Brisbane – Surrounding areas

During our time in Brisbane there were quite a few places we wanted to visit on the coast, most of which we hired a car to drive to in our final week. They were between one and three hours away from the city.

North Stradbroke Island or as the locals call it ‘Straddie’

We set off on the train to Cleveland to then board the ferry there for North Stradbroke Island. It was a short 25 minute journey across the water before we arrived!

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First, we got a bus to Point Lookout and were instantly stunned by the gorgeous views. We looked out to the sea and had a pod of dolphins pointed out to us, so that was something ticked off the ‘to see list’ pretty quickly! 

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After fish and chips for lunch, we set off on the North Gorge Walk and around the beaches.

As soon as we started we saw our first wild kangaroo relaxing in the shade. We went quite near him, and he made it very clear that he was not looking for company looking at us very grumpily and growling a little, so we quickly got a photo and moved on!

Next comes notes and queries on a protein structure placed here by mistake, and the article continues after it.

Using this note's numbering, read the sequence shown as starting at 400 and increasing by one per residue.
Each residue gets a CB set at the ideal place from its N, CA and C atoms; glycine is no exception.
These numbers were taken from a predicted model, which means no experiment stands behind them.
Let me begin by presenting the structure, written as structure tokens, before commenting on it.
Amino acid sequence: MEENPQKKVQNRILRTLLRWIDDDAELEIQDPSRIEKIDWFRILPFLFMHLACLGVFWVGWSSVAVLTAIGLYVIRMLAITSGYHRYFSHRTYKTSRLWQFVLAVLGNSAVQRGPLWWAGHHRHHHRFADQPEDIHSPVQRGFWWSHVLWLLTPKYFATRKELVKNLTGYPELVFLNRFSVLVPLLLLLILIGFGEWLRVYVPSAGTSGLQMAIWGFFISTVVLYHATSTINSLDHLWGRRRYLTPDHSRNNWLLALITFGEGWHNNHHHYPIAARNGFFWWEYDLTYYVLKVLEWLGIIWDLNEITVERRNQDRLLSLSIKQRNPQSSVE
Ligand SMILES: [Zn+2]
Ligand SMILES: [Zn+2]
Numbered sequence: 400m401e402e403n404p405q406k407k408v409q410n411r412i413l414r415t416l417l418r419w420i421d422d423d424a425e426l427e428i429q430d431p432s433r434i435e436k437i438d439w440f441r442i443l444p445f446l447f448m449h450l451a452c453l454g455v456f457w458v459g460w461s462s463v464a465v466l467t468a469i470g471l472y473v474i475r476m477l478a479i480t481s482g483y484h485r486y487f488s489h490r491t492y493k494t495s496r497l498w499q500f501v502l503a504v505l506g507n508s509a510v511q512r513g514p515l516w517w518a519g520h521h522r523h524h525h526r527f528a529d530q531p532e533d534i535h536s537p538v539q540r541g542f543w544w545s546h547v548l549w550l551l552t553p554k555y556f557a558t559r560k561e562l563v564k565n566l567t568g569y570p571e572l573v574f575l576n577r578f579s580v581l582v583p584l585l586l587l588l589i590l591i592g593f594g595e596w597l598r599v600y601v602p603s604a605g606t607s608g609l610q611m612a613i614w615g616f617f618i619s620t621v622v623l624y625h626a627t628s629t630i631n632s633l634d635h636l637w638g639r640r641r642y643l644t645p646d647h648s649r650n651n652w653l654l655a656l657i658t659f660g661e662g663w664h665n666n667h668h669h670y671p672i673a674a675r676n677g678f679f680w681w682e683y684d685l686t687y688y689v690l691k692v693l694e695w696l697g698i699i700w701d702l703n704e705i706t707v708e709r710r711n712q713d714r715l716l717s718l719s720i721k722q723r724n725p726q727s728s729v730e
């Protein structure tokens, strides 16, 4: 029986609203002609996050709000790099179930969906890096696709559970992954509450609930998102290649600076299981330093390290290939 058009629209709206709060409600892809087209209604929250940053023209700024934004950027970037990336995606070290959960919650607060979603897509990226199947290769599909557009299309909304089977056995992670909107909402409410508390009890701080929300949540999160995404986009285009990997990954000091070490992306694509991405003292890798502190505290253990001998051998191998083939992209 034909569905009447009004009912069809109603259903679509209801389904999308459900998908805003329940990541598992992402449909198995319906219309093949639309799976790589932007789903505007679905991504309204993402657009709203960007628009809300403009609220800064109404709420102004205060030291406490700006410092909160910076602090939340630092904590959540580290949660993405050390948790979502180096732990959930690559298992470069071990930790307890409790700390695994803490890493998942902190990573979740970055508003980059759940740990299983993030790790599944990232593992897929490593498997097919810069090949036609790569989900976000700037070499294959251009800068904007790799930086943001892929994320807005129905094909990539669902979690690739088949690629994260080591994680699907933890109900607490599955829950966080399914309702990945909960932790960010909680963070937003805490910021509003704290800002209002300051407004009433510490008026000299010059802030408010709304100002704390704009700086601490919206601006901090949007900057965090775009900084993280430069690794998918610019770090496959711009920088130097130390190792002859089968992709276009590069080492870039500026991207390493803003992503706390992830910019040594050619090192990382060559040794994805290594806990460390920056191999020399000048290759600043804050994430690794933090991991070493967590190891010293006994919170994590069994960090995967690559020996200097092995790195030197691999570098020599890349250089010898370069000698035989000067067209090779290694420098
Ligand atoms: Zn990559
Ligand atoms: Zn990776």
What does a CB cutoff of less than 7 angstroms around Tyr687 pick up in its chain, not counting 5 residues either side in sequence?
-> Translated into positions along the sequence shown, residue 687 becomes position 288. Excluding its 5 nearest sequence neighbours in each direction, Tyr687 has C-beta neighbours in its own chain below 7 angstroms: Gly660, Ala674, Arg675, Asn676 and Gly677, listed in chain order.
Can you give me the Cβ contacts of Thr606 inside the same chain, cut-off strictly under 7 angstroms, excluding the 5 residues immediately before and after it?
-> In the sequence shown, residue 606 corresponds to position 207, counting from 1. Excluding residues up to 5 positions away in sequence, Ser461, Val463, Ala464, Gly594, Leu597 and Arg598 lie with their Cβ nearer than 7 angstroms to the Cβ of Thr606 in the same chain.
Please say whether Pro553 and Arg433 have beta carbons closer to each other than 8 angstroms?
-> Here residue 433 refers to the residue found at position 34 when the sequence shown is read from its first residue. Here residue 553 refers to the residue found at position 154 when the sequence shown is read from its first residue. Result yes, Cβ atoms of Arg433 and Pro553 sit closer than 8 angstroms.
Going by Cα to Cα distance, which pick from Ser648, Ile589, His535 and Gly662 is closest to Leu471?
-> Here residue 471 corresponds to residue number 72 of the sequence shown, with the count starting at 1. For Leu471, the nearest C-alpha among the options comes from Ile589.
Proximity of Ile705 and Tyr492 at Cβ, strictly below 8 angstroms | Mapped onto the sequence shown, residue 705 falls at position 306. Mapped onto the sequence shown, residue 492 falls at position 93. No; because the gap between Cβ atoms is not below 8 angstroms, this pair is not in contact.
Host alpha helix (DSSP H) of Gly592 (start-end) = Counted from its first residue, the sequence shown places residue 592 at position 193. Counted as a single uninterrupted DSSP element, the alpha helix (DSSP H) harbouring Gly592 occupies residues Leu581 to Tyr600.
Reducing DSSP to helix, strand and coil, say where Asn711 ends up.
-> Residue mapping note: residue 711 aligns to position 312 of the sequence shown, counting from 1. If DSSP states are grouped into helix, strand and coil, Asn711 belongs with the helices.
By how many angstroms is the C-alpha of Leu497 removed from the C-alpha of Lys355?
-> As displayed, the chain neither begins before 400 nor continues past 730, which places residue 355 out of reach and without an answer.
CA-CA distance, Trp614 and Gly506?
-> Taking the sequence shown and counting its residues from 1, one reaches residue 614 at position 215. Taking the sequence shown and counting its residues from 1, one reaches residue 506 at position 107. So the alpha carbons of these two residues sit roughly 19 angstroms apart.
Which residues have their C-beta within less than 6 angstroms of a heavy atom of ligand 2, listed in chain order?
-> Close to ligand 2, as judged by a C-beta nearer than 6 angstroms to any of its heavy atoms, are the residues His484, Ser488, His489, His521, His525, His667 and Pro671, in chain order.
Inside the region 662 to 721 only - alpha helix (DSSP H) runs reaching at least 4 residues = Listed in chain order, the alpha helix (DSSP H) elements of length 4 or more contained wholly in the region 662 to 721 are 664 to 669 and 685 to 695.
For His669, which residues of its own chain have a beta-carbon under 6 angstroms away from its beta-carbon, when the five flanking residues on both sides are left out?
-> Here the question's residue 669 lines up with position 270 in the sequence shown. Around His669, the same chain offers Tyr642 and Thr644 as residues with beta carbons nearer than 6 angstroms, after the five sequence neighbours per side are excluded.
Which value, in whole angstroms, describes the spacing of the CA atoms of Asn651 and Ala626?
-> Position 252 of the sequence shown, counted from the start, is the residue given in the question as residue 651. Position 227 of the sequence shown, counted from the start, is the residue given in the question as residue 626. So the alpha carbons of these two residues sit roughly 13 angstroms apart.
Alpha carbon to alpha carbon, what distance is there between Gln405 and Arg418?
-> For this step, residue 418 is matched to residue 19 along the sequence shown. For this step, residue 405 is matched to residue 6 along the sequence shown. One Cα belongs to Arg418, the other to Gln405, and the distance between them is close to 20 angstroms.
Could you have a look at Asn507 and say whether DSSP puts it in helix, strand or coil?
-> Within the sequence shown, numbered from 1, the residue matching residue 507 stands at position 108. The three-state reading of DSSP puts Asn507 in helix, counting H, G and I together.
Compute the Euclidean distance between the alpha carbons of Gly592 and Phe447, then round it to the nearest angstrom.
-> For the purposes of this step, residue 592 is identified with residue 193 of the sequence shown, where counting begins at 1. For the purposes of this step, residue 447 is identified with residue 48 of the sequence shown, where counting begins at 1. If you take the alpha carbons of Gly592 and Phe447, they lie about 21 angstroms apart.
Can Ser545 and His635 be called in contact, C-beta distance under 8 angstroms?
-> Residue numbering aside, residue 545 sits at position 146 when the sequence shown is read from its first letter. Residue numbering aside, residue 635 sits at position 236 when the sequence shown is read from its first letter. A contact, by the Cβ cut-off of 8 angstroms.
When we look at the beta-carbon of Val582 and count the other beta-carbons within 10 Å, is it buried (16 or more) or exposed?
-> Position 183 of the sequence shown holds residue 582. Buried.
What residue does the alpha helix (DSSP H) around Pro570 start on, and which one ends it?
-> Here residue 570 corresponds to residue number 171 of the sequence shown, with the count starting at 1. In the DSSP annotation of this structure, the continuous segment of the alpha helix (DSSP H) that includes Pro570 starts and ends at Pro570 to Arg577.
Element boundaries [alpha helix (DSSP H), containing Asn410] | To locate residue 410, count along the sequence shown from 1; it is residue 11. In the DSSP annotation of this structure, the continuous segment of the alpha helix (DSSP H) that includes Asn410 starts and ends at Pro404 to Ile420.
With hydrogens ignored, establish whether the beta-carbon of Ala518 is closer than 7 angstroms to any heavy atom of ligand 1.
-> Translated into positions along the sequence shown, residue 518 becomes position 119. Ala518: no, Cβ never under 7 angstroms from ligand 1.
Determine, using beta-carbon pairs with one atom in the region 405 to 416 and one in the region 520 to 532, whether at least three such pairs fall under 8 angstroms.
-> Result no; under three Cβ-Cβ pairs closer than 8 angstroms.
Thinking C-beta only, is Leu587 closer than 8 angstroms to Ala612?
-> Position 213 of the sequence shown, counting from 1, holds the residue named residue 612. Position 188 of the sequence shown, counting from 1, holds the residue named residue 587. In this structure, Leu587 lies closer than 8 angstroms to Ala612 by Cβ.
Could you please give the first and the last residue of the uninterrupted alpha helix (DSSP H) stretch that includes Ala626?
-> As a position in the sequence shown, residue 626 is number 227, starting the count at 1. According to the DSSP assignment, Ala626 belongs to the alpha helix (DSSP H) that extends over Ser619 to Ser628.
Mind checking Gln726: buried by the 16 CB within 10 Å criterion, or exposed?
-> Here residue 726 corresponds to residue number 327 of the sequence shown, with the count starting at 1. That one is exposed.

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The Gorge Walk was absolutely amazing! The views were spectacular and the walk took you right up to the tops of the coastline. We saw a family of turtles in the waters but unfortunately no whales (having missed their yearly mitigation by a few weeks). We then ventured onto the beaches – Main Beach and Frenchman’s Beach – both equally as beautiful.

We were staying in an area called Amity Point, which was on the other side of the island at the top – a much less popular area to stay, resulting it being more difficult to get to without a car, which we didn’t realise before arriving.

We got there just before sunset and did the very British thing of making a cup of tea before heading out to have a look at the sea, which was under 100m from our cabin and the jetty, which was a few minute walk.

We arrived and within a few minutes spotted a few dolphins swimming by right up to the jetty, which was a wonderful experience. We saw a few more and then witnessed the wonderful sunset.